As the years have passed since the original Apple Watch launched, more generations have been added to the line-up. And while the golden Apple Watch Edition is no longer with us, you now have the regular Apple Watch, the Apple Watch SE and the Apple Watch Ultra to choose from. But which should you pick?
That’s what our guide is for. We’ve sifted through all the latest Apple Watch model list – and looked at a few older versions as well – to show you just what you get for your money. As we've reviewed a fair few of the Watches, we are best placed to share our wisdom and help you decide which of the Apple Watch generations you should choose.
And if you can’t decide which iPhone to buy, we’ve got an iPhone model list to help you out. Similarly, our iPad generations list should put you right if you’re not sure which of Apple’s tablets is right for you.
The Apple Watch generations available now
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The Apple Watch Series 9 has some rather nice upgraded features over the Series 8. There's nothing terribly groundbreaking but it does have a 30% faster chip, and a 4-core neural engine that's twice as quick. The display is brighter – twice as bright, in fact, with 2,000 nits rather than the previous 1,000.
There's also Double Tap gesture (so you can tap your index finger and thumb to complete certain tasks), Precision Finding for your iPhone, extra dimming functionality and HomePod integration. But most every other feature is the same as the Series 8, including Crash Detection, heart rate monitoring etc.
The Apple Watch Ultra 2 is the most advanced Apple Watch on the market, perfect for those who want the ruggedt build and adventure-supporting features. The standout new features are that the new chip and processor makes it up to 50% faster, and Siri is available on the Watch itself. There's also the new double tap gesture (as found on the Series 9), which allows you to tap your finger and thumb together as a sort of button.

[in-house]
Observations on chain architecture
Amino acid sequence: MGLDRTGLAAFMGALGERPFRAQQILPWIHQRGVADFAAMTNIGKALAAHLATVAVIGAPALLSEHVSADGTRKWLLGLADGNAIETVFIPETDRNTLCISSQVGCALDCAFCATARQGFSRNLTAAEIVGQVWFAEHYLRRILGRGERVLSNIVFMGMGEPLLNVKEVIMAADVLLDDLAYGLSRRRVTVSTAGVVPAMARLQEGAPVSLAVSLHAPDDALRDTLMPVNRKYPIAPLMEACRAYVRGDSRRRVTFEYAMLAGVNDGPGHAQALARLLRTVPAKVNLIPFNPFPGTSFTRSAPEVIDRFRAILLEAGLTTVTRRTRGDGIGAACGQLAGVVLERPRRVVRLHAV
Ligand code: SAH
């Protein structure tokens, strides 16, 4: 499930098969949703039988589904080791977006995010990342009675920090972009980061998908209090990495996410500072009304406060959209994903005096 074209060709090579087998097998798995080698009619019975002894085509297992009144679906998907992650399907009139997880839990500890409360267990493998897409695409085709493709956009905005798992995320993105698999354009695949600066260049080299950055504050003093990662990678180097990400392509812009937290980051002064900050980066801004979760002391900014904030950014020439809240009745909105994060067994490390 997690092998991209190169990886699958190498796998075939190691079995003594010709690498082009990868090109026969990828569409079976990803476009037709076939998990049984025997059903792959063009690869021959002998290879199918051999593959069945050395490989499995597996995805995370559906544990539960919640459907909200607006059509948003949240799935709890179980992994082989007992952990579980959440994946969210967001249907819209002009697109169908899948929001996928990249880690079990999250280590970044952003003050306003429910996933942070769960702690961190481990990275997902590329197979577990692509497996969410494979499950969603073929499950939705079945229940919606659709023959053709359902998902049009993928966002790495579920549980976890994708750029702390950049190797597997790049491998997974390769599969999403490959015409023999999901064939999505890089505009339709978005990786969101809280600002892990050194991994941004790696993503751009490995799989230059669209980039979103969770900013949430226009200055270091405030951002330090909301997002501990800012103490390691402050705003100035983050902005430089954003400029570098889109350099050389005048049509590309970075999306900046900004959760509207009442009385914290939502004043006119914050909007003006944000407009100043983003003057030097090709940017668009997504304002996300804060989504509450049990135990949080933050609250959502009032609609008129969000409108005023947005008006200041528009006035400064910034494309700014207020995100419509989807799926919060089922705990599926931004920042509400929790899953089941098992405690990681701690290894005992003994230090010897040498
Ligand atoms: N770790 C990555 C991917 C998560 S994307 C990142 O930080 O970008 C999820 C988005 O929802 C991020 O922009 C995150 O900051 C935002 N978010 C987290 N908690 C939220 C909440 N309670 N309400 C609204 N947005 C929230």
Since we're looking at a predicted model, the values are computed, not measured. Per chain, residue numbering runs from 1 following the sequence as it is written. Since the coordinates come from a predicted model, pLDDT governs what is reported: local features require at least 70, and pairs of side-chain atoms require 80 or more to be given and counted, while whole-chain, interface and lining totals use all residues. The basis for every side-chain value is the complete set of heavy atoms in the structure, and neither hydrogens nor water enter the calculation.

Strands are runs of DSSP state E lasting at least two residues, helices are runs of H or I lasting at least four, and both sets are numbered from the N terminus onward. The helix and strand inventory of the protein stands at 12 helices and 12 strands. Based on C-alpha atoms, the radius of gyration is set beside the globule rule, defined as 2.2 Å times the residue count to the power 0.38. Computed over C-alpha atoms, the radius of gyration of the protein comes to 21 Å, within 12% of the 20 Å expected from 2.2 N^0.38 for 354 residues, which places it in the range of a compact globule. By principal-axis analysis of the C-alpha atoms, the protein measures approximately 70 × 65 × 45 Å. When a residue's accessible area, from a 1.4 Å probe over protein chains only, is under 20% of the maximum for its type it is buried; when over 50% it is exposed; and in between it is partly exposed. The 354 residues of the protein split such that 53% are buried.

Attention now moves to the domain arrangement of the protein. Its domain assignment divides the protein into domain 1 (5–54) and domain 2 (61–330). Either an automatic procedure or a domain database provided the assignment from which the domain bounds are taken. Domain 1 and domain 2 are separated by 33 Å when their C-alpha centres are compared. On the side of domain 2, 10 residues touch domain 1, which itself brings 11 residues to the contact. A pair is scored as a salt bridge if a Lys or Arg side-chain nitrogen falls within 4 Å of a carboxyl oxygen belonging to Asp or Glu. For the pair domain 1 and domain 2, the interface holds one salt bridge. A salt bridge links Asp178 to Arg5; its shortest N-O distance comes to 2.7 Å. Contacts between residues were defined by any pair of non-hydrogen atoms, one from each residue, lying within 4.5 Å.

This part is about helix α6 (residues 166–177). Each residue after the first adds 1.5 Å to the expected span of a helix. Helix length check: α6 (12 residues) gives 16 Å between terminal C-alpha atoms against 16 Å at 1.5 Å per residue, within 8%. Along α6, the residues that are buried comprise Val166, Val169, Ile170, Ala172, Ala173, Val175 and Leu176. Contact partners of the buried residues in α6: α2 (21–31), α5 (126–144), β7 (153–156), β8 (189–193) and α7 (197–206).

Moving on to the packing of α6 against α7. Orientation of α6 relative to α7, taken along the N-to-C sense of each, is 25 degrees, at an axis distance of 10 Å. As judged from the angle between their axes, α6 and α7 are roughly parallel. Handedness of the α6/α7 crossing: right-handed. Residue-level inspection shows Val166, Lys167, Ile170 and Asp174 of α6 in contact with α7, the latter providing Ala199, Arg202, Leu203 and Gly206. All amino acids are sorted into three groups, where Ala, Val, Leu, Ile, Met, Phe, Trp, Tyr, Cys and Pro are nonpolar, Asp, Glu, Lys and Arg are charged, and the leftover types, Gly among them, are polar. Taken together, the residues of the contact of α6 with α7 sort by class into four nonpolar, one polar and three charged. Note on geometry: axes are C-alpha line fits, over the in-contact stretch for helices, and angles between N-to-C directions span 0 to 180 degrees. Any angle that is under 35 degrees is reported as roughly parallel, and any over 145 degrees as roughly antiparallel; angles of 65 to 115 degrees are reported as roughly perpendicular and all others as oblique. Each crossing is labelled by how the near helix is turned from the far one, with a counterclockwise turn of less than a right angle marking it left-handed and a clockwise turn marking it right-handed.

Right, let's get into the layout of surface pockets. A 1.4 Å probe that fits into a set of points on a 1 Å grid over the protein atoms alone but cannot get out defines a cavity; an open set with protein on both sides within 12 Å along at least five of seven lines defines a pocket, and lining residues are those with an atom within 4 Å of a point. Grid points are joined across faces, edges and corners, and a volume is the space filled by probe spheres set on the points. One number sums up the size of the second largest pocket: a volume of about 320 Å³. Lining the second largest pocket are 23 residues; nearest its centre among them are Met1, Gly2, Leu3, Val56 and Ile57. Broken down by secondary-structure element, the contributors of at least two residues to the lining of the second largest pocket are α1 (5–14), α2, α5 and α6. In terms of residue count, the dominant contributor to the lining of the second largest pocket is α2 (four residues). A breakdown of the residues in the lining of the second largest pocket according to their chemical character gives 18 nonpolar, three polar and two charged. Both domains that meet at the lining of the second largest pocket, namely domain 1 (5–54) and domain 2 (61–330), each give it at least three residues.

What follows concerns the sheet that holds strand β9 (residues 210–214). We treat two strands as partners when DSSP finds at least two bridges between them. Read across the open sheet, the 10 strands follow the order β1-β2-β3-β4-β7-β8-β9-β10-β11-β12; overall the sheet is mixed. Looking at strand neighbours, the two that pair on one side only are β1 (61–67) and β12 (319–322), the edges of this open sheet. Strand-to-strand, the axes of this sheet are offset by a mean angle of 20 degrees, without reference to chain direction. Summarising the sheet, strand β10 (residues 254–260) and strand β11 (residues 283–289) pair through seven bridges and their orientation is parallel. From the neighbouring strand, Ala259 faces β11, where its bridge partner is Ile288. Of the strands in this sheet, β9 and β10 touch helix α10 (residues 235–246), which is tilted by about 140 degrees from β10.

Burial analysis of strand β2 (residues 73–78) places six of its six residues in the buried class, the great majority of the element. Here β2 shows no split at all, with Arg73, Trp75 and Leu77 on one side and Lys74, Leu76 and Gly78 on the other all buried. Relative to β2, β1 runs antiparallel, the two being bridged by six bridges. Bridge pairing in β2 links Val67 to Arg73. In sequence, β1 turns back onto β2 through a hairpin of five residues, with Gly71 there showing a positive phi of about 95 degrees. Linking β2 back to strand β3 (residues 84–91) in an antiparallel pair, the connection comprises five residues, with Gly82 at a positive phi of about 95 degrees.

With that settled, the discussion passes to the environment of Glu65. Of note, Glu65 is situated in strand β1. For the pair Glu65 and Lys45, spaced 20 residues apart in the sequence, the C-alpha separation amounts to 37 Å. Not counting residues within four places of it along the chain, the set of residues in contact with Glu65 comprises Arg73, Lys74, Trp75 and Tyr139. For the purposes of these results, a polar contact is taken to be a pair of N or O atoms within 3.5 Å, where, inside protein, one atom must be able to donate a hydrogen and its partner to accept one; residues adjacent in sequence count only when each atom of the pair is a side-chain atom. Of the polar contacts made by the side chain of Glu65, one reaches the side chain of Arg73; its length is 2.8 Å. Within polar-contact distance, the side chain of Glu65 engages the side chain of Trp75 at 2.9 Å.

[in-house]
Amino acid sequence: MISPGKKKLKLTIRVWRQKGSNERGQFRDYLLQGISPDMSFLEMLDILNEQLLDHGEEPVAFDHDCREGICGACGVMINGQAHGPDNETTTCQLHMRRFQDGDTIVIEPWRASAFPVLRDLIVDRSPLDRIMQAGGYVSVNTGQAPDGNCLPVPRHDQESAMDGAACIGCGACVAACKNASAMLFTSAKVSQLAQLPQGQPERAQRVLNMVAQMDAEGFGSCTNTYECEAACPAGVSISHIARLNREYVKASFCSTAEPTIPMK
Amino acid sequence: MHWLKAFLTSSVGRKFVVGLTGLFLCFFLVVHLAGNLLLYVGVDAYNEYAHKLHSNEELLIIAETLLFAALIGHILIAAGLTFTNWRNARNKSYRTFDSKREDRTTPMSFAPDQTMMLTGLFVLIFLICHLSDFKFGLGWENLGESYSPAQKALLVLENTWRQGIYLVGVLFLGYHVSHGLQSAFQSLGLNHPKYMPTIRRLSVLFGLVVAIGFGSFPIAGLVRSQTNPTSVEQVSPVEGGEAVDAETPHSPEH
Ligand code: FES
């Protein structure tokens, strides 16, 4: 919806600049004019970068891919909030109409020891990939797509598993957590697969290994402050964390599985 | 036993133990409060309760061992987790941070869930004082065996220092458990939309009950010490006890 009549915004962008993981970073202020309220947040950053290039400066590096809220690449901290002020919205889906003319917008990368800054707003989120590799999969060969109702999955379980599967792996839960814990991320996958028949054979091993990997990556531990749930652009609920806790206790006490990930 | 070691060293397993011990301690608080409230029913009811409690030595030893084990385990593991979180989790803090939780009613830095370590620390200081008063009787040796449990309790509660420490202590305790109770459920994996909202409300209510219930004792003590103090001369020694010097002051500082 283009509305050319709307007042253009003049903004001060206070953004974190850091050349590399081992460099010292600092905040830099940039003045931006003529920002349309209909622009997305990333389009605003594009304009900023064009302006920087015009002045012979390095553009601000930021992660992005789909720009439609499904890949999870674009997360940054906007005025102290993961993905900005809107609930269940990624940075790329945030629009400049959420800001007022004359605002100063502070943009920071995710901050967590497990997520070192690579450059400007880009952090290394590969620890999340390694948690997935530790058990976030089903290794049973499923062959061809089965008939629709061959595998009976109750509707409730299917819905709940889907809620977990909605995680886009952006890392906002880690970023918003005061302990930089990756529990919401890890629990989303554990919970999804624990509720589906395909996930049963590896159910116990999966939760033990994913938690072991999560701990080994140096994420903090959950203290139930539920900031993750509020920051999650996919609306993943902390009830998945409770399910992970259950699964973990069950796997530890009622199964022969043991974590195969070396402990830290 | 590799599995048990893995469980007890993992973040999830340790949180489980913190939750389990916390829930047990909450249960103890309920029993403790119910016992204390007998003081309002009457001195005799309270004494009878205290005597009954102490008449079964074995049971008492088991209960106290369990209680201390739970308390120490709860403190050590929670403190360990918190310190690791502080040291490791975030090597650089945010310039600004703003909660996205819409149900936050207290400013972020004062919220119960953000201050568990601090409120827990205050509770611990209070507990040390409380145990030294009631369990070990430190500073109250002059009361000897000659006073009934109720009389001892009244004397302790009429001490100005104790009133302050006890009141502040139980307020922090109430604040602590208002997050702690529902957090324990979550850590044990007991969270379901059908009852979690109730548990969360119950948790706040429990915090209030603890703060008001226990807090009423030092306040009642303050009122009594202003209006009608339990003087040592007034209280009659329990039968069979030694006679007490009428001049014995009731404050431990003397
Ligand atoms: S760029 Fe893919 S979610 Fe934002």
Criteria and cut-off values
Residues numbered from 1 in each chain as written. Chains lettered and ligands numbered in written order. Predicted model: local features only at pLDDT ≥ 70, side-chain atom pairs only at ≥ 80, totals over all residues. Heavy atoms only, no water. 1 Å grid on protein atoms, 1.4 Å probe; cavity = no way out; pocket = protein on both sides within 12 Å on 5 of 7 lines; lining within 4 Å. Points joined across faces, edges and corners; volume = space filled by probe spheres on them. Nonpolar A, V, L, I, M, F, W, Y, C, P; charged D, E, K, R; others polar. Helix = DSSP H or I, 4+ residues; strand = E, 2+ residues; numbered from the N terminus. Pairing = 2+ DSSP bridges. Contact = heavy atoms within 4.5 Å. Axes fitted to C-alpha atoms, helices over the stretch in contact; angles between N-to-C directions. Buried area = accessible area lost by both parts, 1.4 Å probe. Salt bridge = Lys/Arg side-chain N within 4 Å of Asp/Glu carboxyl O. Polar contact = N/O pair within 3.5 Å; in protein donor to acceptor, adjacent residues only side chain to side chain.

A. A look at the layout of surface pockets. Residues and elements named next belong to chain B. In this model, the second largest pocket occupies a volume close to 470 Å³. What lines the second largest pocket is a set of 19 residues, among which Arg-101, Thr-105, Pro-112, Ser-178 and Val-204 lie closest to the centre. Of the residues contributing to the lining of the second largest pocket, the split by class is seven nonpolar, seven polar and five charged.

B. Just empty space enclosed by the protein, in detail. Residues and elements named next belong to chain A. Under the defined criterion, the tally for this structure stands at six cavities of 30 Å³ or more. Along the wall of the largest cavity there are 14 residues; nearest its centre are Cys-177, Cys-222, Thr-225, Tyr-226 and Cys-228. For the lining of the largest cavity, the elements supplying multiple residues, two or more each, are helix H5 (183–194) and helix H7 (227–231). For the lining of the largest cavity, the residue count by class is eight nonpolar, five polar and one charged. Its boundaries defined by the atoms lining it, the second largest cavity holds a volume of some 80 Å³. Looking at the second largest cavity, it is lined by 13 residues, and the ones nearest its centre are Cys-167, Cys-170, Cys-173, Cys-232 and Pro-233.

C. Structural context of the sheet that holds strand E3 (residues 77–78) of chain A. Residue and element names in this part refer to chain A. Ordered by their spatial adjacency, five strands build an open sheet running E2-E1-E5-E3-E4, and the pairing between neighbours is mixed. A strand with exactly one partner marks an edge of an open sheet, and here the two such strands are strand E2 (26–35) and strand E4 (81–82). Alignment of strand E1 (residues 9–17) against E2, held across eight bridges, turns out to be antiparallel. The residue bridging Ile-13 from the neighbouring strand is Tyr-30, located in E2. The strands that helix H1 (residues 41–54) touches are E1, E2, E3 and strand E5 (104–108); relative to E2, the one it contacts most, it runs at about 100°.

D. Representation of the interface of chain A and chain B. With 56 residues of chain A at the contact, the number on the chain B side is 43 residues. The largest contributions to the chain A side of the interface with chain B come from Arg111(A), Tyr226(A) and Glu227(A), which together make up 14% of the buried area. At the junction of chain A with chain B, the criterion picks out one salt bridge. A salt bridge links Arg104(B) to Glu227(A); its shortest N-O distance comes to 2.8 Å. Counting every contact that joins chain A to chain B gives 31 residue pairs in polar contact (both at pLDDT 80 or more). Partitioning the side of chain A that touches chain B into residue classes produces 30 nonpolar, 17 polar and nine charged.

What was on the Ultra already was a host of brilliant features for adventurers, like a water temperature sensor, a depth gauge and depth app, a compass, an ambient light sensor – and all the health features found on the basic app.
The Ultra 2 is certainly worth it for adventurers who don't yet have an Apple Watch, but is probably not a flashy enough update on the original Ultra to upgrade if you already have the first one (especially since there will likely be some standout offers on the original Ultra).
The Series 8 is last year's Apple Watch, and it encapsulates the excellent experience the Watch has come to epitomise. It has an always-on display that stretches close to the edges of the screen, the latest Apple S8 chip, and a range of attractive colours and straps. To be honest, it doesn't do much less than the Series 9 – and with some excellent prices available right now we do reccommend this model if price is a key consideration.
The Series 8 was a small upgrade over the Series 7, with crash detection, temperature sensing and ovulation cycle tracking being the main new features. If you’re new to the Apple Watch then it’s a great purchase – Apple makes the best smartwatches on the market, after all.
The Apple Watch Ultra was the most high-end device in the Watch line-up until this year's Ultra 2 release, and it was Apple’s attempt to go all-out for explorers and extreme sports enthusiasts. But it also offers plenty for people who just want an Apple Watch that does it all.
It has a large and bright display, a super-tough chassis, 36 hours of battery life, and an Action button with a range of uses. For rugged adventurers, there’s more accurate GPS, a location alert siren, and double the water resistance (down to 100m). It’s expensive, but much less so now the Ultra 2 is out – it’s the Apple Watch to buy if you don’t want any compromises on performance but don't want to spend top dollar.
The Apple Watch SE (2nd generation) is a great way to get an Apple Watch without breaking the bank. It contains many of the features found in the Apple Watch Series 8, including an S8 chip, the same 50m water resistance, and the new crash detection and cycle tracking features.